top of page
  • Writer's pictureKathie Scalf

Home Cooked Wine Pairings

Growing up in the south, particularly from our “neck of the woods,” you learn early on the importance of good eatin’. I’m sure I’m not alone in reminiscing about all those meals at Grandmas, where the whole family squeezed in elbow-to-elbow to indulge in her home cooking. In fact, with most of my childhood memories having turned to fuzzy clips of vague emotions, these times of celebration and post-church family fellowship are some of the only clear recollections I have left. As I’ve gotten older and broadened my culinary horizons, I still have to admit that as much as I love exploring other cuisines, my heart will always belong to the simple, greasy, down-home dishes of Appalachia. But how will that ever co-exist with my newfound love of French wine? Beautifully, it turns out!

When I decided to make my piece this week about pairing vino with classic southern dishes, I had no intention of making them France specific. But as I reviewed my brainstorming chicken scratch, I was surprised to see that every single glass was from the land of the Louvre, and try as I might, I could not dream up a better pairing. So as crazy as it sounds, it seems the hills of the French countryside might in fact have something in common with the sticks and hollers of Appalachia.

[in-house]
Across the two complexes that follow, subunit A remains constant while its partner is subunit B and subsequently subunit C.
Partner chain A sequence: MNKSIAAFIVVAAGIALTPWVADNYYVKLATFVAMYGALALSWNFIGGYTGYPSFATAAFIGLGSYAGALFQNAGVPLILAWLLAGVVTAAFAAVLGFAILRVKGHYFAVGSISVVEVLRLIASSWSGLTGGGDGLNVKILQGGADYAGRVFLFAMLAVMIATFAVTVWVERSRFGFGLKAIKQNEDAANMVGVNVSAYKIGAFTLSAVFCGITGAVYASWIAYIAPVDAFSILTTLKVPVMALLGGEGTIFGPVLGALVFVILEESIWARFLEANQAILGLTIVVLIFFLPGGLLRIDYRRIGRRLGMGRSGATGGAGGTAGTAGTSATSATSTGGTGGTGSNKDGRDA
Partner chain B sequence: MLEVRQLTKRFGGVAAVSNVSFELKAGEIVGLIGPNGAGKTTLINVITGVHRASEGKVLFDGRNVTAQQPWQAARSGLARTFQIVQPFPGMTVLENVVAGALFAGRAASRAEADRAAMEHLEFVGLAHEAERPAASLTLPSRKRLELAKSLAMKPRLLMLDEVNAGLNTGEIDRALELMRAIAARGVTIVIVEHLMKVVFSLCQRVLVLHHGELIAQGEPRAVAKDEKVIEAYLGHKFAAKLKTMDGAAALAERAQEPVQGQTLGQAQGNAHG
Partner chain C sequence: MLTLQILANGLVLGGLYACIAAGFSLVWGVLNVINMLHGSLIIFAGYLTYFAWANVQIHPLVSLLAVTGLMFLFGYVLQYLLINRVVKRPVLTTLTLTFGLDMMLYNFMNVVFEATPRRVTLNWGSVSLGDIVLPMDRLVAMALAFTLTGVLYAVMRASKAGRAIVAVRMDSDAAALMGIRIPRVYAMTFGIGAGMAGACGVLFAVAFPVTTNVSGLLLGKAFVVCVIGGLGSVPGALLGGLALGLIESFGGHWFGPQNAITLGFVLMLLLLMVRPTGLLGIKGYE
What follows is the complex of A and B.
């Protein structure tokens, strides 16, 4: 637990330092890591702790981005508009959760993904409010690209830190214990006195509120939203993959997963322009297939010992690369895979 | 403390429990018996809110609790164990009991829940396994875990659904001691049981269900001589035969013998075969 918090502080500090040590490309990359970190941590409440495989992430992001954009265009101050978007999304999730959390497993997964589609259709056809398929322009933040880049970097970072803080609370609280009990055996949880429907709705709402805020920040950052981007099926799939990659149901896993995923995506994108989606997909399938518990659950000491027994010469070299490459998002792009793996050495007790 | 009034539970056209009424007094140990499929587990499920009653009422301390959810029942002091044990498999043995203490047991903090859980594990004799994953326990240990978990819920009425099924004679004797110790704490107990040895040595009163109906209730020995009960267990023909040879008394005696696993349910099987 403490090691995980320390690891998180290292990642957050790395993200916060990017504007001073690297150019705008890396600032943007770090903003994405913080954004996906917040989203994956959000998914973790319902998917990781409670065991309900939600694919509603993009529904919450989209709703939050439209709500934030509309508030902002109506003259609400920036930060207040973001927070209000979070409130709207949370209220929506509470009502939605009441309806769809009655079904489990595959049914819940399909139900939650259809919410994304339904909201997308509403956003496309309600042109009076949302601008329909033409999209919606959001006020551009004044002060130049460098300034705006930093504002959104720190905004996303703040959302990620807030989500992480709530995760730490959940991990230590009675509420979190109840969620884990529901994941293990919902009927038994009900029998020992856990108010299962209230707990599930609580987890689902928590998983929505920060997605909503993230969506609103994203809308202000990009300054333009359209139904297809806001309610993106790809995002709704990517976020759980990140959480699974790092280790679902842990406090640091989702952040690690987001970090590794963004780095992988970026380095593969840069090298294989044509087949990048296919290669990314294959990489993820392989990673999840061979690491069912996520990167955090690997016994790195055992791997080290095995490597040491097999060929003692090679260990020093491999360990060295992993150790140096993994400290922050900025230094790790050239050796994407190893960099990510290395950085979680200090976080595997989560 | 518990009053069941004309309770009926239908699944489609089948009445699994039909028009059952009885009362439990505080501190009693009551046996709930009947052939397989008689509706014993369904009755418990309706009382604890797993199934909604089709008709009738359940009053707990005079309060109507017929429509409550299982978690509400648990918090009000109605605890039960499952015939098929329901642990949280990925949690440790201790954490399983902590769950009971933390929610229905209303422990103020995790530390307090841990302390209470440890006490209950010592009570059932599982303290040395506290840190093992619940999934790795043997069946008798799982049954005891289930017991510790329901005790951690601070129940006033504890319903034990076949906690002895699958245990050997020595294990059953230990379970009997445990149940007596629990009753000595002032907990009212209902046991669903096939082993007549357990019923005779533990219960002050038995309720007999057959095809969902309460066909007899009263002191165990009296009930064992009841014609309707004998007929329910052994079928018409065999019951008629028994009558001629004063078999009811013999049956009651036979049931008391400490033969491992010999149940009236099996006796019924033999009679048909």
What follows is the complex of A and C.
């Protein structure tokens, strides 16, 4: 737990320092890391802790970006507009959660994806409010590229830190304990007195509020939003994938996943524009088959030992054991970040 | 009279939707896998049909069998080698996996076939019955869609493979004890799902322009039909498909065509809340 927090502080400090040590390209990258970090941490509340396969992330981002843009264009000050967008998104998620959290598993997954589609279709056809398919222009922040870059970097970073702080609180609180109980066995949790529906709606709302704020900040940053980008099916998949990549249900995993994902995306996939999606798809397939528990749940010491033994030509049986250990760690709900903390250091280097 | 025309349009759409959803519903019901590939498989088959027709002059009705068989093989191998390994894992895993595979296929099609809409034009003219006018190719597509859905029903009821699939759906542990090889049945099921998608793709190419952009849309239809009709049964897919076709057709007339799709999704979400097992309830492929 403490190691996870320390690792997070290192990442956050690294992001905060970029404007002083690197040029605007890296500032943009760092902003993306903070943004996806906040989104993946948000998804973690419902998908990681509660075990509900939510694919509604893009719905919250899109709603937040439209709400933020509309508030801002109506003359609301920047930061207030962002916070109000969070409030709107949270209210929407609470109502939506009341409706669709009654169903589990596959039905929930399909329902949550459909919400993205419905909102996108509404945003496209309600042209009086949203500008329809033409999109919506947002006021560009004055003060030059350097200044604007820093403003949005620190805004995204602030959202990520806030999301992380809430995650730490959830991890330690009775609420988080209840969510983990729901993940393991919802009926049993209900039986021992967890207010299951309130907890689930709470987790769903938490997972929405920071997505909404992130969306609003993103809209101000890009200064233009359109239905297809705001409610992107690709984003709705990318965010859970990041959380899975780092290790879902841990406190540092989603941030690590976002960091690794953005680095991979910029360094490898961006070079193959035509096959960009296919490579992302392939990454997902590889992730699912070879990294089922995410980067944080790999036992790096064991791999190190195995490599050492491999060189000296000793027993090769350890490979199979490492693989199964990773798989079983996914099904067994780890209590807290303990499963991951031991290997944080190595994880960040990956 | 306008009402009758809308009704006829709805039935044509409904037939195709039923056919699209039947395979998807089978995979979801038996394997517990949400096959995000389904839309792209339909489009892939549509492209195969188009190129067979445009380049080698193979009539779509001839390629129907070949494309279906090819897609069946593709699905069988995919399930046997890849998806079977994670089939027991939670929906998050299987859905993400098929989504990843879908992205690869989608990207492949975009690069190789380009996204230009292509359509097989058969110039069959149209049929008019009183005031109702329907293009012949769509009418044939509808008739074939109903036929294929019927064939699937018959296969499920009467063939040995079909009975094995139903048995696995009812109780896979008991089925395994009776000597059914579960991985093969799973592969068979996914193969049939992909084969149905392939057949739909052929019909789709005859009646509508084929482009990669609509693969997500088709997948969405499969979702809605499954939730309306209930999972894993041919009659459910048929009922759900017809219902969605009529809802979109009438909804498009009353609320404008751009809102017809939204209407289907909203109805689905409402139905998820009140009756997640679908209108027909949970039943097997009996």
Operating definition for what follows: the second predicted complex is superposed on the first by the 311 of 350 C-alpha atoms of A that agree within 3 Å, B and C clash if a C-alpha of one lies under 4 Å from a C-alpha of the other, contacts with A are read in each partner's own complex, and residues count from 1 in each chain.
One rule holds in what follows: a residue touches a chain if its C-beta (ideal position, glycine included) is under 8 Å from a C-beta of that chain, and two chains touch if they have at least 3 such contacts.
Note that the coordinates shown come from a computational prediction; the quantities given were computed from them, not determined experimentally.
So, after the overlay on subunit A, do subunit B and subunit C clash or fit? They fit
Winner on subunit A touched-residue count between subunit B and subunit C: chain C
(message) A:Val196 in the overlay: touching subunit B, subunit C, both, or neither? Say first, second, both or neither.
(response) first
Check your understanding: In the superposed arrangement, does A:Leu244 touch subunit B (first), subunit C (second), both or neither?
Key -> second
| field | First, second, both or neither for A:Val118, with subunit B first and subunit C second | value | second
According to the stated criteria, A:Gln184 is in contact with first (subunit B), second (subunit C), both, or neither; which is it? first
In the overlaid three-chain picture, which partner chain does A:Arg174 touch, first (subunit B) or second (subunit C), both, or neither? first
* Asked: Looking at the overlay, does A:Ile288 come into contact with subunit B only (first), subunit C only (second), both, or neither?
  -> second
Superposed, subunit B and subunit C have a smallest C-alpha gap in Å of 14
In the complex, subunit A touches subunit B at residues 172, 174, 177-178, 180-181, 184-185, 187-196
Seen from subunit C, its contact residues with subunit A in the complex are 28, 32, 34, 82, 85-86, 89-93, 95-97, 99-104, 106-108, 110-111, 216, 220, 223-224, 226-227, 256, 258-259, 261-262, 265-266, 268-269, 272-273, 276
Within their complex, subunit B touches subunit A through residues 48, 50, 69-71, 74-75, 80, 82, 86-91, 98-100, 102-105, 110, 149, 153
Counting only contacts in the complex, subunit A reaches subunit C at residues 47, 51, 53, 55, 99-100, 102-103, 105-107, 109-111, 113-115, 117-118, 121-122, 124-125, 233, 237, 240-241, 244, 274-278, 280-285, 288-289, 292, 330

When I was thinking up my favorite country dishes, naturally I started with my absolute favorite breakfast staple- gravy and biscuits. My Granny used to bake drop biscuits called “cat heads” because they were, you guessed it, as big as a cat’s head. They weren’t the fluffy, golden and perfectly symmetrical buttermilk versions most of the rest of the world is used to, but there was pure deliciousness in every lumpy bite; particularly when smothered with her famous sausage gravy. Fried and crumbled in her biggest skillet, the woman never measured anything, just using pure instinct and years of experience to add the perfect amounts of whole milk, flour and seasonings to the ample pool of grease. As I pondered what wine could possibly hold up to this hearty concoction that seems to be all over the board and typically consumed early in the day, only 1 answer came to mind- classic Champagne. I’m a firm believer that most problems can be solved with bubbles, and if you’re ever in a predicament where you need a wine that will play off a little bit of everything, it’s a great go-to. Champagne in particular has a more yeasty flavor than other sparkling wines, making it a great match for biscuits and gravy. While it offers a creamy nuttiness, it’s still light enough to not be extra weight on an already heavy meal. Remember, all sparkling wine is commonly referred to as Champagne incorrectly, but TRUE Champagne must come from the Champagne region of France. Try to get one that has been aged for a couple years, but if you’re ballin on a budget, there are some terrific Non-Vintage (NV) options out there that won’t break the bank.